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Friday, May 10, 2002 - Page updated at 12:00 AM

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Judy Lew worked tirelessly for her kids' education

Seattle Times staff reporter

Before bean sprouts sprouted on countless restaurant menus across Seattle, Judy Lew saw the possibilities.

In 1949, she and her husband, David, started Lew's Bean Sprout, which for the next 24 years supplied sprouts to area eateries and introduced the veggie to numerous diners.

It was just one of the legacies left by Mrs. Lew (former mother-in-law of the Seattle restaurateur and cookbook author of the same name), who died April 27 at 89.

Mrs. Lew made other lasting marks by helping establish Seattle Chinese Alliance Church, striving to preserve Chinese culture among immigrant families and working endlessly to ensure that her four children would receive college educations — which they all did.

Friends and family remembered her as a hard-working, devoutly religious woman who also had a sense of humor and a deep reservoir of hope.

"She was like a guiding post to me, like a rock," said her granddaughter Suzanne Chan of Seattle.

Born Hom Nguey Slen on Oct. 10, 1912, to a wealthy family in Toishan, China, Mrs. Lew immigrated to the United States in 1940 with her husband and daughter Shirley. Though raised in material comfort — and educated at a teaching college in China — she found herself struggling to get ahead as an immigrant in the U.S.

She rose to the challenge, say those who knew her. Changing her given name to Judy, she worked in a laundry and sewing piecework before starting the bean-sprout company. Her husband died in 1963, leaving her to run the business alone.

"She worked every day, seven days a week, for 24 years," recalled her son Willkie Lew of Renton. "In 24 years, she didn't take any vacations at all, except for three days to go to her sister's wedding in California."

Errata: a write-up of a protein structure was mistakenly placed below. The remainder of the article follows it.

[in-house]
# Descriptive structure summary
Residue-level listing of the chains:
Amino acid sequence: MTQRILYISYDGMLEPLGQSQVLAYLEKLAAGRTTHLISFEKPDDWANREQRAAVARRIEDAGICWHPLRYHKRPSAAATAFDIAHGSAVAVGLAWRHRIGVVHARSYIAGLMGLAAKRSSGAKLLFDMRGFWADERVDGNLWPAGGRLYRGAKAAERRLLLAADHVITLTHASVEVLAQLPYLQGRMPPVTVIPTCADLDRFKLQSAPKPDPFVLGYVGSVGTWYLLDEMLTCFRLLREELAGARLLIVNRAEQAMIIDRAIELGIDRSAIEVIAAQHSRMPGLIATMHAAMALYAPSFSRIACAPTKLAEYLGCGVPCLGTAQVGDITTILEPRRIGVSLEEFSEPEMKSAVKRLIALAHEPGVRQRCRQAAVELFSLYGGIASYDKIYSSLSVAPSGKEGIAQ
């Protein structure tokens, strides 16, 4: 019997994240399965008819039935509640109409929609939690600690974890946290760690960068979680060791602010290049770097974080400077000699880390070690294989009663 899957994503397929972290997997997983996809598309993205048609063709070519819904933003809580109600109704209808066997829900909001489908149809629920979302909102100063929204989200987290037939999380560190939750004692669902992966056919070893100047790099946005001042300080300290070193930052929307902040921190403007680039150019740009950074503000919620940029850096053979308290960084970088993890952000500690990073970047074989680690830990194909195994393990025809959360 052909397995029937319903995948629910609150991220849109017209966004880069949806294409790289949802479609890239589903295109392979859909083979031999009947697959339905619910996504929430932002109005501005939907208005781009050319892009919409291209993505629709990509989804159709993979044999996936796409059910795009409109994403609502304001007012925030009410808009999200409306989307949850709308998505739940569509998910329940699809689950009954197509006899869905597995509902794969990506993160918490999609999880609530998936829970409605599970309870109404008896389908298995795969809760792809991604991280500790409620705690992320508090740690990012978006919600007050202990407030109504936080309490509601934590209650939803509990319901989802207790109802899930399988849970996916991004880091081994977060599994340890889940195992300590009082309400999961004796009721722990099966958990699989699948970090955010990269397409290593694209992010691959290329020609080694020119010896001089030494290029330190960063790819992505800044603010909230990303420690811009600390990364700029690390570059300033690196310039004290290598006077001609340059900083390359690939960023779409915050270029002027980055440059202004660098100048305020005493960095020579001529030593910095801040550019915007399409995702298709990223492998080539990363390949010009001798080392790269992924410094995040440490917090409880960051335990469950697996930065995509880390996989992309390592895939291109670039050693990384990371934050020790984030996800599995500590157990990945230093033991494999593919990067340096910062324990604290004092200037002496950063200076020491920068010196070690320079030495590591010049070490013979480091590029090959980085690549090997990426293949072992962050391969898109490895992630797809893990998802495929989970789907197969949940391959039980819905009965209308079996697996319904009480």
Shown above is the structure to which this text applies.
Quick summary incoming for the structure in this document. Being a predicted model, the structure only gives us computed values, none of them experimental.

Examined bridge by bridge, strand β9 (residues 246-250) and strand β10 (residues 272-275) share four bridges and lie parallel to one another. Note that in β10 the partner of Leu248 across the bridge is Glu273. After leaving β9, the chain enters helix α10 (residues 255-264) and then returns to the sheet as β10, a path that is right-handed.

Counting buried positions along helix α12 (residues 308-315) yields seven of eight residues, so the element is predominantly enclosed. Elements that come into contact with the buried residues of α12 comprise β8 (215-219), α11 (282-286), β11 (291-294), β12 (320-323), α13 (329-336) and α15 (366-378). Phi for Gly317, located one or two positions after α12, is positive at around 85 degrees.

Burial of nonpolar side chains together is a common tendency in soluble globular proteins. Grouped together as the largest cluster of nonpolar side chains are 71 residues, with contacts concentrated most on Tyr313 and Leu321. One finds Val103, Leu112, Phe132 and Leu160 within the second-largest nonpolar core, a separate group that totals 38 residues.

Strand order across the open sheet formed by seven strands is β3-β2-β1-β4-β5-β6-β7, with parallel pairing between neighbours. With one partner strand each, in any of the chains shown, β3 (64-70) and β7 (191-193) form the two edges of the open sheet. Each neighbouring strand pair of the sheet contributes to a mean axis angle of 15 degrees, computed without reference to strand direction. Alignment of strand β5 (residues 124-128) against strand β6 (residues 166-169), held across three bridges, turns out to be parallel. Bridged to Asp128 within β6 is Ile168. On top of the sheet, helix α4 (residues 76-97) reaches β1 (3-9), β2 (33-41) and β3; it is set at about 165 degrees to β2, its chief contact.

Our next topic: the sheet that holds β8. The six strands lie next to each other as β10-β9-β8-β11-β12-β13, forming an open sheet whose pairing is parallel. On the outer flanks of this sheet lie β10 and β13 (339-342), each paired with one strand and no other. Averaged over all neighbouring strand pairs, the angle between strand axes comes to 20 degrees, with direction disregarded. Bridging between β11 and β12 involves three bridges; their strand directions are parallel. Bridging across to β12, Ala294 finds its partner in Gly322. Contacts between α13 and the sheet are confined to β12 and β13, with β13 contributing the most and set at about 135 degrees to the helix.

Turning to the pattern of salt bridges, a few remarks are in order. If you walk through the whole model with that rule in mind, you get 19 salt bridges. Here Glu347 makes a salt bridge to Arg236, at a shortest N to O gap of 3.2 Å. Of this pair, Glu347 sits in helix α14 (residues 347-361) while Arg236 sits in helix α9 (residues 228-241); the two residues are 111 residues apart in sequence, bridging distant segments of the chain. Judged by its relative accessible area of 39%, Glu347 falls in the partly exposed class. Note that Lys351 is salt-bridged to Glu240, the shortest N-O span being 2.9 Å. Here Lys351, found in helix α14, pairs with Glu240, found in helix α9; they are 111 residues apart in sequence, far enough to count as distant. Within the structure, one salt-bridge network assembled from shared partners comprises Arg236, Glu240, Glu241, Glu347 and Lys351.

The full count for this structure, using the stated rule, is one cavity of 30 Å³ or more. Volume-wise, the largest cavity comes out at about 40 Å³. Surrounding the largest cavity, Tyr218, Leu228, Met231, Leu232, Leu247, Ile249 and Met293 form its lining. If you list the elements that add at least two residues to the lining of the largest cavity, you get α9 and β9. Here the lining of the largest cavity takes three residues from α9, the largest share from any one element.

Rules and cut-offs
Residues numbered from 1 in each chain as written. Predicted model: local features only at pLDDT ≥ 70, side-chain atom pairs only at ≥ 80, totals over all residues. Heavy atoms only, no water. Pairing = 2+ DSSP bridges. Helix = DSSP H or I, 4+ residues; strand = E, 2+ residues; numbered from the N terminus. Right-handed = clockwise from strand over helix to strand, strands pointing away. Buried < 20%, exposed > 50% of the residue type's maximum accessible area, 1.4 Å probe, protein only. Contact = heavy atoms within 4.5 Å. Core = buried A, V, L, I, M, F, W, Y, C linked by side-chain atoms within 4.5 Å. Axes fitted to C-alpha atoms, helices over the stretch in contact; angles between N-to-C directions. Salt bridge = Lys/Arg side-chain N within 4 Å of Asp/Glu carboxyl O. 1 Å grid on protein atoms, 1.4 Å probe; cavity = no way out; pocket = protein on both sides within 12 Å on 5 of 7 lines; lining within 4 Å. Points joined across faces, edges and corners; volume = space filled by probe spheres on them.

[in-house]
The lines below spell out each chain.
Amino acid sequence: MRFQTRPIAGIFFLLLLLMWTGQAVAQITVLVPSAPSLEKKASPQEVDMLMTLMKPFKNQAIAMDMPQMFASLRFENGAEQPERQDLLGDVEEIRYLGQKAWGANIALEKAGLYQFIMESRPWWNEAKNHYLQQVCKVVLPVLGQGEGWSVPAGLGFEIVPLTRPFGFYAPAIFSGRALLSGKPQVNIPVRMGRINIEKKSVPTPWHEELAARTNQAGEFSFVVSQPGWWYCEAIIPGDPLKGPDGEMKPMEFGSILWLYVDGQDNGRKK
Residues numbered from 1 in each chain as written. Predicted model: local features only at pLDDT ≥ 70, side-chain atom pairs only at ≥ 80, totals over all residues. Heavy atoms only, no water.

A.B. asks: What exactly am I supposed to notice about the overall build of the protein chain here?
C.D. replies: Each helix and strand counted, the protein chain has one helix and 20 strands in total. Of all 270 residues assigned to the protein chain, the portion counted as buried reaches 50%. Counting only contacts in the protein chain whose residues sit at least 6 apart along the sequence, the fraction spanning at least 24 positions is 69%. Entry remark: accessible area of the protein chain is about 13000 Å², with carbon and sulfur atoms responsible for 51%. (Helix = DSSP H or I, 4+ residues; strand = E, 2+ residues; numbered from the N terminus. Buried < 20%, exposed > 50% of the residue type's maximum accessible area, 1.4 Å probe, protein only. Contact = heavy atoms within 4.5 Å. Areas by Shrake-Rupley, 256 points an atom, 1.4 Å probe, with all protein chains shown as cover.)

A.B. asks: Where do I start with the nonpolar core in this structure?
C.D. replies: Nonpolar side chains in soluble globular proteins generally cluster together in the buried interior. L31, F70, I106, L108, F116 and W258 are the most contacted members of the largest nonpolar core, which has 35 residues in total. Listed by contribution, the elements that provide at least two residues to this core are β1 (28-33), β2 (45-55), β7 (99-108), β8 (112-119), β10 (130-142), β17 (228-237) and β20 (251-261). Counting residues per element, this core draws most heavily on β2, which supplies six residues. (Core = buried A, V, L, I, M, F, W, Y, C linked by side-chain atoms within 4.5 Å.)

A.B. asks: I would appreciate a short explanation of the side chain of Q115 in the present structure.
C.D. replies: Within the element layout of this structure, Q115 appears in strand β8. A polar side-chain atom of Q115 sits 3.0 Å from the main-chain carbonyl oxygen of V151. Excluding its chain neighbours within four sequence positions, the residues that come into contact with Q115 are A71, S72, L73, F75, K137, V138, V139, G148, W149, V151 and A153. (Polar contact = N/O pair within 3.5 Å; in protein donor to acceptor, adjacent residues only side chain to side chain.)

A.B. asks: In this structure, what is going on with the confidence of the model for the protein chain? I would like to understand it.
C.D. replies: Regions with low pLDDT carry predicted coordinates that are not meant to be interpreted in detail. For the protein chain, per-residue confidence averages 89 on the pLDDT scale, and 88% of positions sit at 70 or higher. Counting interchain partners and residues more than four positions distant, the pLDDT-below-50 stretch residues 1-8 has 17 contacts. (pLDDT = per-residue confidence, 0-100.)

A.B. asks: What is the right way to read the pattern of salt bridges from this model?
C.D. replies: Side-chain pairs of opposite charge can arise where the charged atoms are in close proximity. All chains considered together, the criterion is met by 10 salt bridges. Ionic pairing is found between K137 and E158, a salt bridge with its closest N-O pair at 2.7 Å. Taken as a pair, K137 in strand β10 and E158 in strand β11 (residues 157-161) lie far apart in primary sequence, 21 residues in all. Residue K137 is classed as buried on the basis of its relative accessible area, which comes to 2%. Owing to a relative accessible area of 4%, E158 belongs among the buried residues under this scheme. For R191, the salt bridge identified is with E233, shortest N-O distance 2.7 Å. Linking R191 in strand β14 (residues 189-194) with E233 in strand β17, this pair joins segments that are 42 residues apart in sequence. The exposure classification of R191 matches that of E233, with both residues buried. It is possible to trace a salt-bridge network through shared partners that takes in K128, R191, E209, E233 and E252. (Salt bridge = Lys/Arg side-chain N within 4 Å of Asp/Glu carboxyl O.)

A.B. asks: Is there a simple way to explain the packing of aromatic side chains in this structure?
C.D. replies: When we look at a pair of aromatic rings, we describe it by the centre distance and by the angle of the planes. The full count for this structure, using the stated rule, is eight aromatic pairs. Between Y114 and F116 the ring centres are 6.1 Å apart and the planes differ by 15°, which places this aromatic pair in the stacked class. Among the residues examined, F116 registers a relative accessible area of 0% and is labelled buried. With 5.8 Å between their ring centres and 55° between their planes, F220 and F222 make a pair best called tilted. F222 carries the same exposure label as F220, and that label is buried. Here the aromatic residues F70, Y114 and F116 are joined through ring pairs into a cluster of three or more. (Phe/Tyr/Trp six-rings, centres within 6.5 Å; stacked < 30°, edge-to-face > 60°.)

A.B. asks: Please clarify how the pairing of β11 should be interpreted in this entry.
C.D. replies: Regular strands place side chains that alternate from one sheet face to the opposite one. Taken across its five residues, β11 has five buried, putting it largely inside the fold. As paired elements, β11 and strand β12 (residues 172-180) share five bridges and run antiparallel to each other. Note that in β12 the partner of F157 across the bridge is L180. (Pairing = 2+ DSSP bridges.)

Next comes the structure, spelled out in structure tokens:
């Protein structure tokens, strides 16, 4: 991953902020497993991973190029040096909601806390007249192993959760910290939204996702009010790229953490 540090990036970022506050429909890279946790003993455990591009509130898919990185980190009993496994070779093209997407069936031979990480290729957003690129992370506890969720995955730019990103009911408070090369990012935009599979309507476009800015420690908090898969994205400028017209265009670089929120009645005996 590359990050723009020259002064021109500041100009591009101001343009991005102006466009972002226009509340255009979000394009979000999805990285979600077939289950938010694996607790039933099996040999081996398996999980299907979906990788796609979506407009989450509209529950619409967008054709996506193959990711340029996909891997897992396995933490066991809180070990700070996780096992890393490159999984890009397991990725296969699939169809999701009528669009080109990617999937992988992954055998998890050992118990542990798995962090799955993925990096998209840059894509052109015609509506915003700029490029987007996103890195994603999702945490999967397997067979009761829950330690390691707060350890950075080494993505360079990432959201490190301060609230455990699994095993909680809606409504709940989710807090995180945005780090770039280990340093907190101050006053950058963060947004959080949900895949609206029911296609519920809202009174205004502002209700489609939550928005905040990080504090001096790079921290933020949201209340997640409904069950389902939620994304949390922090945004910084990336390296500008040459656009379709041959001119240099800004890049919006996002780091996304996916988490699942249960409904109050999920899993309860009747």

The chief goal of all that effort, he said: the education of her children.

The results: Willkie became a school principal, now retired; Shirley Chan earned a master's degree in nutrition; William chairs the art-history department at Clemson University in South Carolina; and Willon has a law degree and works as the regional human-resources director for McDonald's in Kirkland.

Mrs. Lew sold the bean-sprout company in 1973 to retire, though she worked for a time as a sewer in local garment factories.

She remained involved in other activities begun years earlier, especially in Seattle Chinese Alliance Church, which she helped start in the 1960s.

"She definitely was a great influence on anyone who came into contact with her," said Wallace Ip, a church elder.

Mrs. Lew also helped rejuvenate the Lung Ting Family Association, which helped build cultural connections among Chinese-American families.

She never learned to speak English, though she could read it. She lived most of her life on Beacon Hill but spent her last two years at an assisted-living home.

In addition to her four children, she is survived by two sisters in Los Angeles and one in Texas; a brother in China; and 10 grandchildren. Services will be at 11 a.m. tomorrow at Bonney-Watson Funeral Home, 1732 Broadway, Seattle.

Judith Blake can be reached at 206- 464-2349 or jblake@seattletimes.com.

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